112 Ibid, para 14.

113 Case C-27/11 Vinkov v Nachalnik Administrativno-nakazatelna deynost, judgment of 7 June 2012.

114 See ibid, para 59.

115 See Case C-457/09 Chartry v État belge, order of 1 March 2011; Joined Cases C-483/11 and C-484/11 Boncea and Others v Statul roman and Budan v Statul roman, order of 14 December 2011; and see in relation to austerity measures: Case C-264/12 Sindicato Nacional dos Profissionais de Seguros e Afins v Fidelidade Mundial—Companhia de Seguors SA, order of 26 June 2014 and Case C-128/12 Sindicato dos Bancários do Norte v BPN—Banco Português de Negócios SA, Order of 7 March 2013.

116 See eg Case C-249/11 Byankov v Glaven sekretar na Ministerstvo na vatreshnite raboti, judgment of 4 October 2012, where the Court found that national law which prohibited the applicant from leaving the national territory on the ground that he had unpaid debts to private parties was within the scope of EU law and contrary to it. The Court held that any national measure which affects inter-state movement falls within the scope of EU law irrespective of whether it is intended to implement or affect it: para 33 and Case C-434/10 Aladzhov v Zamestnik direktor na Stolichna direktsia na vatreshnite raboti kam Ministerstvo na vatreshnite raboti [2011] ECR I-11659, paras 31–32.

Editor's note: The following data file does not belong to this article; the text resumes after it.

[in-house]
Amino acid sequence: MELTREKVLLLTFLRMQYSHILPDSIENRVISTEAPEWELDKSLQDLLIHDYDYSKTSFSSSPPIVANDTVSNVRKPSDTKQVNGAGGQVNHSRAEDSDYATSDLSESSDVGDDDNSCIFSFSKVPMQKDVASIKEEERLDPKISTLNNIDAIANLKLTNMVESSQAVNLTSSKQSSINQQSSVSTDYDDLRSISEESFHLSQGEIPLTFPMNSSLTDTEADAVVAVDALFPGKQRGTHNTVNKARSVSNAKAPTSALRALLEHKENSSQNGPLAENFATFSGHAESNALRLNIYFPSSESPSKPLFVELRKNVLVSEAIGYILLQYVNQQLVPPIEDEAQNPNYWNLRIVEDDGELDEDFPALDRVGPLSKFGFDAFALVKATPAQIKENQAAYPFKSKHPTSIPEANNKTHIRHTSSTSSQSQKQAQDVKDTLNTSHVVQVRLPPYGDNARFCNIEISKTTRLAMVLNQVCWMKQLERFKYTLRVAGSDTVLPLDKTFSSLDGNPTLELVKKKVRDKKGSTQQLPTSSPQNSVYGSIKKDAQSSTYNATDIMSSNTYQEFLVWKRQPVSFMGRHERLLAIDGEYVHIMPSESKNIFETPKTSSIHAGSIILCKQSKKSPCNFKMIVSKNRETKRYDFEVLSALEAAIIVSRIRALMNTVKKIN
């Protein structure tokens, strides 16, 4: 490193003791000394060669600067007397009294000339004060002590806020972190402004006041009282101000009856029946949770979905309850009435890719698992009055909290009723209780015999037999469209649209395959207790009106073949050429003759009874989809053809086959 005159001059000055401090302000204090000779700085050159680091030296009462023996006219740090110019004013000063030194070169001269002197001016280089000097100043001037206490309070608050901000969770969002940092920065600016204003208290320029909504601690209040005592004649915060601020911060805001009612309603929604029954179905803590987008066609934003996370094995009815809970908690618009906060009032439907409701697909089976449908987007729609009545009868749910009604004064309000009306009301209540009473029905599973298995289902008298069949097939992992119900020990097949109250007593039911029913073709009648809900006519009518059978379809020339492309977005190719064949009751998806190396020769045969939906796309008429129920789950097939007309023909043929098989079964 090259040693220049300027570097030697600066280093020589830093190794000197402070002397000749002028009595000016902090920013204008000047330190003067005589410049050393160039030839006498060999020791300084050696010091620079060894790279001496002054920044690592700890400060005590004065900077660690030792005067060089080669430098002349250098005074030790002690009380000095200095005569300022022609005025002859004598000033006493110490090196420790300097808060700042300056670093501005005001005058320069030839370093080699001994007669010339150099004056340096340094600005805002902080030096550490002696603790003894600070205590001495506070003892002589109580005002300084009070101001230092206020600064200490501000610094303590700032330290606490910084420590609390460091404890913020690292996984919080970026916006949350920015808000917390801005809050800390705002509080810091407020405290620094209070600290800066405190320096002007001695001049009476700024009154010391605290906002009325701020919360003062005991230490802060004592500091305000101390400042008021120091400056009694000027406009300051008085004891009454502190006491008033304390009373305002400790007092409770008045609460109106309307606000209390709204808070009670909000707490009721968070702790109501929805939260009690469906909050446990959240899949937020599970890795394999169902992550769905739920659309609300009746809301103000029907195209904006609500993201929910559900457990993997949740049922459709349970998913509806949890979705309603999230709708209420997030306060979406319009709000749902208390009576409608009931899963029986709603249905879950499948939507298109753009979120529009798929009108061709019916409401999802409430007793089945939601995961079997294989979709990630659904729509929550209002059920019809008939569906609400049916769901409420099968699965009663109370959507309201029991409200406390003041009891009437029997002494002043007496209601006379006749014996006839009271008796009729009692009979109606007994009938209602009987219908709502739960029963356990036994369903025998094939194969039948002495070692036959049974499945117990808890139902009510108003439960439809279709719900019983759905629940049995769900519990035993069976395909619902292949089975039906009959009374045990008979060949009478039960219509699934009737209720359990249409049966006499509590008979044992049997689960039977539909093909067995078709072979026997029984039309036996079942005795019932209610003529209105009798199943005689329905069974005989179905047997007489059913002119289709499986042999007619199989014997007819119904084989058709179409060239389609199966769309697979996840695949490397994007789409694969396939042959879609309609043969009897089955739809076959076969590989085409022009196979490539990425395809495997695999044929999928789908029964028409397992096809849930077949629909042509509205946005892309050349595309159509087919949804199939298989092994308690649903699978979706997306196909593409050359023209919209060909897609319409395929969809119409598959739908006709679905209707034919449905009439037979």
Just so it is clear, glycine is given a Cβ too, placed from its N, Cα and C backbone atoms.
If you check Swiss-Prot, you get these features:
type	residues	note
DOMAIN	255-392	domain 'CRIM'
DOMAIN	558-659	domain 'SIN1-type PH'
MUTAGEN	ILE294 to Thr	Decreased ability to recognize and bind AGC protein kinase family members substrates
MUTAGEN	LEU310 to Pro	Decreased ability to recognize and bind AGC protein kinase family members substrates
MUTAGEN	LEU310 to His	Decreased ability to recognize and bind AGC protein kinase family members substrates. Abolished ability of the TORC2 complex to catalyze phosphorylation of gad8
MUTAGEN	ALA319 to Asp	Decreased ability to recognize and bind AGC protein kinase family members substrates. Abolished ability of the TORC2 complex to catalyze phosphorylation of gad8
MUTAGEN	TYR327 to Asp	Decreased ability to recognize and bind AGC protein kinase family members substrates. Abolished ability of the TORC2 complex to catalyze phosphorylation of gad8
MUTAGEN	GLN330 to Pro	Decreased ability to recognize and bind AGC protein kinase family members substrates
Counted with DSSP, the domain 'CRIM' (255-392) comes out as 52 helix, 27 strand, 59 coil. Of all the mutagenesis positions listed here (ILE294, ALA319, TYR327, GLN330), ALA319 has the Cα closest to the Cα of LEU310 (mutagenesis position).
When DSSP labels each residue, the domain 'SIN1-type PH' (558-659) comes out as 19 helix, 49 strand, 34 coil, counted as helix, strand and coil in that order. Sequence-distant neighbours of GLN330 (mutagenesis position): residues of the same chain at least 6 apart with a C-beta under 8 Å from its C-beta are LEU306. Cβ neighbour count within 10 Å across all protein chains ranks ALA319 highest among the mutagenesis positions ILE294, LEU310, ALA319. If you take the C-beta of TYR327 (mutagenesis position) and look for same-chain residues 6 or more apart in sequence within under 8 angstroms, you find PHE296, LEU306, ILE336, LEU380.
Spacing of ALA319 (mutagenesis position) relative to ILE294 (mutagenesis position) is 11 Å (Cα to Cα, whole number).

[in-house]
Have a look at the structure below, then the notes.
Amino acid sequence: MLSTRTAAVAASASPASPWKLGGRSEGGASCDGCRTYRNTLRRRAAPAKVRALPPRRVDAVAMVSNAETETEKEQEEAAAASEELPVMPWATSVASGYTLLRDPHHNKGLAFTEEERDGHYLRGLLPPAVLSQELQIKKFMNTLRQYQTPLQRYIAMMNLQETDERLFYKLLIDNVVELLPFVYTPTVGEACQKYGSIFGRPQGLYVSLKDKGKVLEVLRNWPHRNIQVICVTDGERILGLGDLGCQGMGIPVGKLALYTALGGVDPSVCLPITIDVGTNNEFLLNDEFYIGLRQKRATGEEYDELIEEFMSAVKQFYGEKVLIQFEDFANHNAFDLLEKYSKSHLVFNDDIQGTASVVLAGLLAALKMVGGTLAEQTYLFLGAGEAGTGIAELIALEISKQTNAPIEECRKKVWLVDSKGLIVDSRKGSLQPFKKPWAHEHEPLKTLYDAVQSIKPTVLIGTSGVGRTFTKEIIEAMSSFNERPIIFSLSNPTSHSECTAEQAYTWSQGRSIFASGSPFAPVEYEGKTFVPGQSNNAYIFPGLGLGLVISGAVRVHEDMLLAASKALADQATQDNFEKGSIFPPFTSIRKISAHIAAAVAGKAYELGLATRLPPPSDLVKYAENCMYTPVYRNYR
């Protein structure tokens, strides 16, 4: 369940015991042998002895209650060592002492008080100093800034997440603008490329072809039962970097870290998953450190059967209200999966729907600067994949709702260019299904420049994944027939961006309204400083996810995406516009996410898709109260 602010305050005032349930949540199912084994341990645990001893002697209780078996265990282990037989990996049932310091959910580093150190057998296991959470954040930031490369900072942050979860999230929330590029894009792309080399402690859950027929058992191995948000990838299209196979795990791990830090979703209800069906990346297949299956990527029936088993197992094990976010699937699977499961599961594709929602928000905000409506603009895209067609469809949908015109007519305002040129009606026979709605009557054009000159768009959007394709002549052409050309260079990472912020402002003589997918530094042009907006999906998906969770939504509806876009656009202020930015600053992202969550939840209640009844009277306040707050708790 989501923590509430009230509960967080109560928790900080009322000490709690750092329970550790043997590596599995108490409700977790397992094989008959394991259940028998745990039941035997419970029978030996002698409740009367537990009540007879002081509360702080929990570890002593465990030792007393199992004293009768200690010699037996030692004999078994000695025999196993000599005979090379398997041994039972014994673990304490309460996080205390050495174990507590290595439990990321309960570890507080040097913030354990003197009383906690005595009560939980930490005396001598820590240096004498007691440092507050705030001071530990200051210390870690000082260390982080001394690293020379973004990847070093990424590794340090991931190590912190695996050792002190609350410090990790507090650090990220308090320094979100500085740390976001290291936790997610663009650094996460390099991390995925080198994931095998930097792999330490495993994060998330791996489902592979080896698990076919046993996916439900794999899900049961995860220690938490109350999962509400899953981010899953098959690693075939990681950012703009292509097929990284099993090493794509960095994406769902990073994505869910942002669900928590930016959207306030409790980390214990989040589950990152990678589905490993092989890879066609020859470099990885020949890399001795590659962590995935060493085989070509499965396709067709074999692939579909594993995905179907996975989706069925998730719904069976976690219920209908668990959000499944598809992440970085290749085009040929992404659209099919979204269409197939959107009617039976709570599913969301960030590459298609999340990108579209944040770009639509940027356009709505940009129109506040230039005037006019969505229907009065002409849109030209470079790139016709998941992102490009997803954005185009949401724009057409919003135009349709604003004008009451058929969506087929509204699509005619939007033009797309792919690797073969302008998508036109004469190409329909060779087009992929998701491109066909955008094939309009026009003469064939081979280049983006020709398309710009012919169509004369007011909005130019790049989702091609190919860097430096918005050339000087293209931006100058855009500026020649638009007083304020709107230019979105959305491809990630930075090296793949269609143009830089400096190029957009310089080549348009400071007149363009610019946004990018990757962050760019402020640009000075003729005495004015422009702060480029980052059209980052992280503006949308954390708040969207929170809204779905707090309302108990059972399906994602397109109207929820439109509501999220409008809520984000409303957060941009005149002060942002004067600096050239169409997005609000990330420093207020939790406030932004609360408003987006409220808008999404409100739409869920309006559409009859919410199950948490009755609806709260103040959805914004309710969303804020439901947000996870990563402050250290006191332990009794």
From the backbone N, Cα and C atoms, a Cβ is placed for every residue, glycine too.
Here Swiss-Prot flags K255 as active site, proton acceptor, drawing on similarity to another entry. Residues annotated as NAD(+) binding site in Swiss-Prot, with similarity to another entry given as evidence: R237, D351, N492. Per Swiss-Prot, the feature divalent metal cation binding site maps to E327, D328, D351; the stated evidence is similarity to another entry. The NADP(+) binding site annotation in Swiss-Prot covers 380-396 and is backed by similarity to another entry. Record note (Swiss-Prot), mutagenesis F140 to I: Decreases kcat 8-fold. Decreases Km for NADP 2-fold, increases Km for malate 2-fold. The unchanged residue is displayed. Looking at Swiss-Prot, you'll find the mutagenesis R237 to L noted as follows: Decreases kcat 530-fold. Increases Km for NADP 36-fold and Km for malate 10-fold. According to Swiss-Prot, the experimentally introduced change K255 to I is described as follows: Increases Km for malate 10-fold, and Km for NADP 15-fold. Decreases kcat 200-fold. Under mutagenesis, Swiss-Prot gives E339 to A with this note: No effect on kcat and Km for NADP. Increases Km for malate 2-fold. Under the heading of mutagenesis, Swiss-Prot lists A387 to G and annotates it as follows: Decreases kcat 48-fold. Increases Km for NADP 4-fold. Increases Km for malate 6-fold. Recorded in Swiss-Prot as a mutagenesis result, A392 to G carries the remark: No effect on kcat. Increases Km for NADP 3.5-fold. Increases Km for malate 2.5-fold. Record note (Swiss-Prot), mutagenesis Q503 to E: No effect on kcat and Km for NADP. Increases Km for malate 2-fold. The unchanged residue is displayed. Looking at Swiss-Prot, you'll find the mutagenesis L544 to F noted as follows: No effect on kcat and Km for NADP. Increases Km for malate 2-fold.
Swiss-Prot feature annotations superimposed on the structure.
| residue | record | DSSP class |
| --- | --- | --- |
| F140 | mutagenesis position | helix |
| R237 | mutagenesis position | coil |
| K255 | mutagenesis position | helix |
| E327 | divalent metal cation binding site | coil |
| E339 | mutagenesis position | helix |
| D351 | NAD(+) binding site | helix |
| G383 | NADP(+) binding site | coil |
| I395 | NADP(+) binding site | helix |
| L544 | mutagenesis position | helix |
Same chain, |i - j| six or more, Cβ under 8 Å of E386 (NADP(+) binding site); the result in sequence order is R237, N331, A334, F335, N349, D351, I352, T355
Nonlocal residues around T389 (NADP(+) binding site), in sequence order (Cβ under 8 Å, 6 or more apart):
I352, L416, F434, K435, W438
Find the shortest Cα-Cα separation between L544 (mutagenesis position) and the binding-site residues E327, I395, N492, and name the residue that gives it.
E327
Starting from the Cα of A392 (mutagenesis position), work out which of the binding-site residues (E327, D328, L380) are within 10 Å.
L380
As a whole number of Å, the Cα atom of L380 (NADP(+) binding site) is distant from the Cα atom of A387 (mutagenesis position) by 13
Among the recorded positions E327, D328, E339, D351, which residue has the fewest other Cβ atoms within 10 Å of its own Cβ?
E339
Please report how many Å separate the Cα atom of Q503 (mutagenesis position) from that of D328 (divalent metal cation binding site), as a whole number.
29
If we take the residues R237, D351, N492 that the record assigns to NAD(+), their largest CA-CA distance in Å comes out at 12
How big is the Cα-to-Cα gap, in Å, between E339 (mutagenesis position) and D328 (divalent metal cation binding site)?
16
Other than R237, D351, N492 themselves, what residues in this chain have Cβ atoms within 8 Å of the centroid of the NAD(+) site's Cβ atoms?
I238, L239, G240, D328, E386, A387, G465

117 Case C-206/13 Siragusa v Regione Sicilia—Soprintendenza Beni Culturali e Ambientali di Palermo, judgment of 6 March 2014.

118 The national court referred to Council Decision 2005/370 approving the Aarhus Convention, Council Regulation (EC) No 1367/2006 on the application of the provisions of the Aarhus Convention on access to information, public participation in decision-making and access to justice in environmental matters to EU institutions, Directive 2003/4 on public access to environmental information, Directive 2011/92 on environmental impact assessment, Arts 3(3) TEU and 21(2)(f) TEU, and Arts 4(2)(e), 11, 114 and 191 TFEU. Cf Case C-416/10 Križan and Others v Slovenská inšpekcia životného prostredia, judgment of 15 January 2013, where a link with EU environmental law was established.